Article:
VoLTEHe said its longer-term plan is to transition from low ARPU to higher ARPU as it reduces its reliance on low-end handsets. Part of its strategy is deploying voice-over-LTE (VoLTE), which it plans to introduce this quarter. It is pushing into digital services as well as the enterprise market, which are areas it hasn’t had good traction in the past with CDMA. It also plans to leverage its parent company’s bank ownership as it moves into e-commerce.

Hodges said he’s spent the last six months going through a major corporate restructuring. “It’s been no small task, because it’s required a complete organisational transformation in everything we do. This has given us the ability to go into the above areas [digital services, e-commerce…], which previously we weren’t structured to capture.”

It has also expanded its international roaming agreements worldwide after hiring the head of roaming at CSL.

Two-vendor approach
Given the scale of the Indonesian market, with 254 million people and more than 18,000 islands, Smartfren engaged two network equipment vendors for its 4G rollout.

“It’s unrealistic to expect one vendor to be able to manage such a large territory. We made the decision to give the east to ZTE and the west to Nokia,” he said.

BoltLooking at the quick rise of upstart Bolt Super 4G, Hodges said its rival has taken advantage of a market looking for faster data connectivity, but it is geographically restricted and a pure data play. “It’s a very different market today. They have a dongle proposition, and I think their time has gone now.”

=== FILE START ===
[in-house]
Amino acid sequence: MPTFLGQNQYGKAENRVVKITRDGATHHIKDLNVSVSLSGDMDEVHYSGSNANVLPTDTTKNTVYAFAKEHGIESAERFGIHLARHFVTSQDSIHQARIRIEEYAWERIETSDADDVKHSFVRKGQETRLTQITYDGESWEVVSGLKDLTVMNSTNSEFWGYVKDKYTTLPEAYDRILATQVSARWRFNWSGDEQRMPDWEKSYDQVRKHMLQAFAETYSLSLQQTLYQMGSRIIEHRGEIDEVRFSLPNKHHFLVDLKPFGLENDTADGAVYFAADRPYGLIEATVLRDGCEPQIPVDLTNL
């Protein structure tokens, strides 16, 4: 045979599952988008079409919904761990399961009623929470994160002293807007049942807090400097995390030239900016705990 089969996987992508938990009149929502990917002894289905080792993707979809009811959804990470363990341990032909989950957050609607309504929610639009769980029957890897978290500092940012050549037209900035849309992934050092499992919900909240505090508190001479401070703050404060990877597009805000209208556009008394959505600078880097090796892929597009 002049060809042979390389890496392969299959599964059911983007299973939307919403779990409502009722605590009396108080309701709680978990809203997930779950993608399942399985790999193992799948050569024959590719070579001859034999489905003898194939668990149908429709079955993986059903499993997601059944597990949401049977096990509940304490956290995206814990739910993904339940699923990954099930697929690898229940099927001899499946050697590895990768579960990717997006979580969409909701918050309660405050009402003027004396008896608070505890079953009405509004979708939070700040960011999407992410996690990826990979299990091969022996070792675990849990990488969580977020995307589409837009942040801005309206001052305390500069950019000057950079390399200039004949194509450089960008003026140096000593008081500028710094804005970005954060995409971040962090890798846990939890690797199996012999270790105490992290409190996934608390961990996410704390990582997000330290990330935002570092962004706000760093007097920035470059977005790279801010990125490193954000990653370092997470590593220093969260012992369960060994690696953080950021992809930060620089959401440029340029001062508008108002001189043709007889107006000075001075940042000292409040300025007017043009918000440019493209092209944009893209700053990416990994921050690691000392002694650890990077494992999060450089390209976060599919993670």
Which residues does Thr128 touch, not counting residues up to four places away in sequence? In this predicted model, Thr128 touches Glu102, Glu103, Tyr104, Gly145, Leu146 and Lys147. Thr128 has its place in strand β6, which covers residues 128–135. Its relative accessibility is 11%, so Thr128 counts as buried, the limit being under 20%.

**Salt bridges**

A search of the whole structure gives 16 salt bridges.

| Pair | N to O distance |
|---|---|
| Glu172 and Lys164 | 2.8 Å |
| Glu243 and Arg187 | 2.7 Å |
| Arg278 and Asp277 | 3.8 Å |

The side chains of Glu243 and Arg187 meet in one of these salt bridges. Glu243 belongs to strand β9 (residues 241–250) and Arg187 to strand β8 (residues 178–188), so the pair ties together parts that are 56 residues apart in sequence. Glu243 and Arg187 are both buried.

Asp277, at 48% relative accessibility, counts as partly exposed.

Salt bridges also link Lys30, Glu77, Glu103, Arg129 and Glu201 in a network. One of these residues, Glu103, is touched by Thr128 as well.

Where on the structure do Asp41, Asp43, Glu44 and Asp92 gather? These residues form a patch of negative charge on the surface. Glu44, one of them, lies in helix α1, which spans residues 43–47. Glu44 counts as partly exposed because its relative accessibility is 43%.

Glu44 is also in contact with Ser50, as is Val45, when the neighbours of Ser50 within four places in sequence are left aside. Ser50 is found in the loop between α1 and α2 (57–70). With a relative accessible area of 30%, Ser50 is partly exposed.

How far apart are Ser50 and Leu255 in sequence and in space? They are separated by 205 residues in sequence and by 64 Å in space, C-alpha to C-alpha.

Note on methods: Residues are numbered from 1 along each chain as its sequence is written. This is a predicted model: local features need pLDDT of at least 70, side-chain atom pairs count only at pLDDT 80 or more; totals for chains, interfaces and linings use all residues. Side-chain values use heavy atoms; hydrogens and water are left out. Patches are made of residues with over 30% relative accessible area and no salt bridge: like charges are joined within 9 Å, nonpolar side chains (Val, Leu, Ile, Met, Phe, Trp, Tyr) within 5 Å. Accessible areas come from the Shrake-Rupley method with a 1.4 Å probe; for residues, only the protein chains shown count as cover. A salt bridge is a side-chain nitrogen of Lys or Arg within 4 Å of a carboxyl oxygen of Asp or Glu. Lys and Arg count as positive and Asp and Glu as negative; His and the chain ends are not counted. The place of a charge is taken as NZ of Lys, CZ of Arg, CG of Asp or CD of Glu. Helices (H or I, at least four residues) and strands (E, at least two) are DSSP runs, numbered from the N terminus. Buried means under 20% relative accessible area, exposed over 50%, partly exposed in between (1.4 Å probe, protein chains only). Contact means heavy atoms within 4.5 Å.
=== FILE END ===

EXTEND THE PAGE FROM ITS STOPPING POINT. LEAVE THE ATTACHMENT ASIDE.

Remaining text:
Bolt launched 4G in the greater Jakarta area in early 2014. It has 1.9 million 4G users, giving it a 40 per cent share of the country’s 4G market, which is down from 82 per cent in Q1.

Asked why he’s uprooted from Hong Kong, where he’s spent most of his career, Hodges said: “It’s the perfect opportunity to take a small player with tremendous potential and a supportive board that understands what it takes to be successful. We’re in the perfect position in the market with a new network and a lean and nimble organisation.”

He certainly will have his hands full next year. Telkomsel said last month it is expanding 4G coverage from 10 to 14 cities by the end of the year and claimed the widest network coverage, while second ranked Indosat is targeting 20 cities by year-end. Number 3 XL is planning 4G service in 36 cities by the end of the year and said it has the country’s fastest 4G speeds. In addition to rising competition, Smarfren reported its net loss for the first nine months of the year increased 42 per cent to IDR1.34 trillion ($96.2 million).

But Hodges is undaunted. “The company is totally restructured with a new team, a new vision and a new network, so it’s a matter of focusing on the right growth areas and launching the right services and devices,” he said. “We absolutely have to be taken seriously by all the big players because we’re in such an advantageous position with our network.”

It’s already seen ARPU more than double for LTE customers compared with CDMA users.

He drew a parallel between Smartfren and LG Uplus in South Korea, which shifted straight from CDMA to blanket LTE coverage quickly and grew market share. “We are on a similar path.”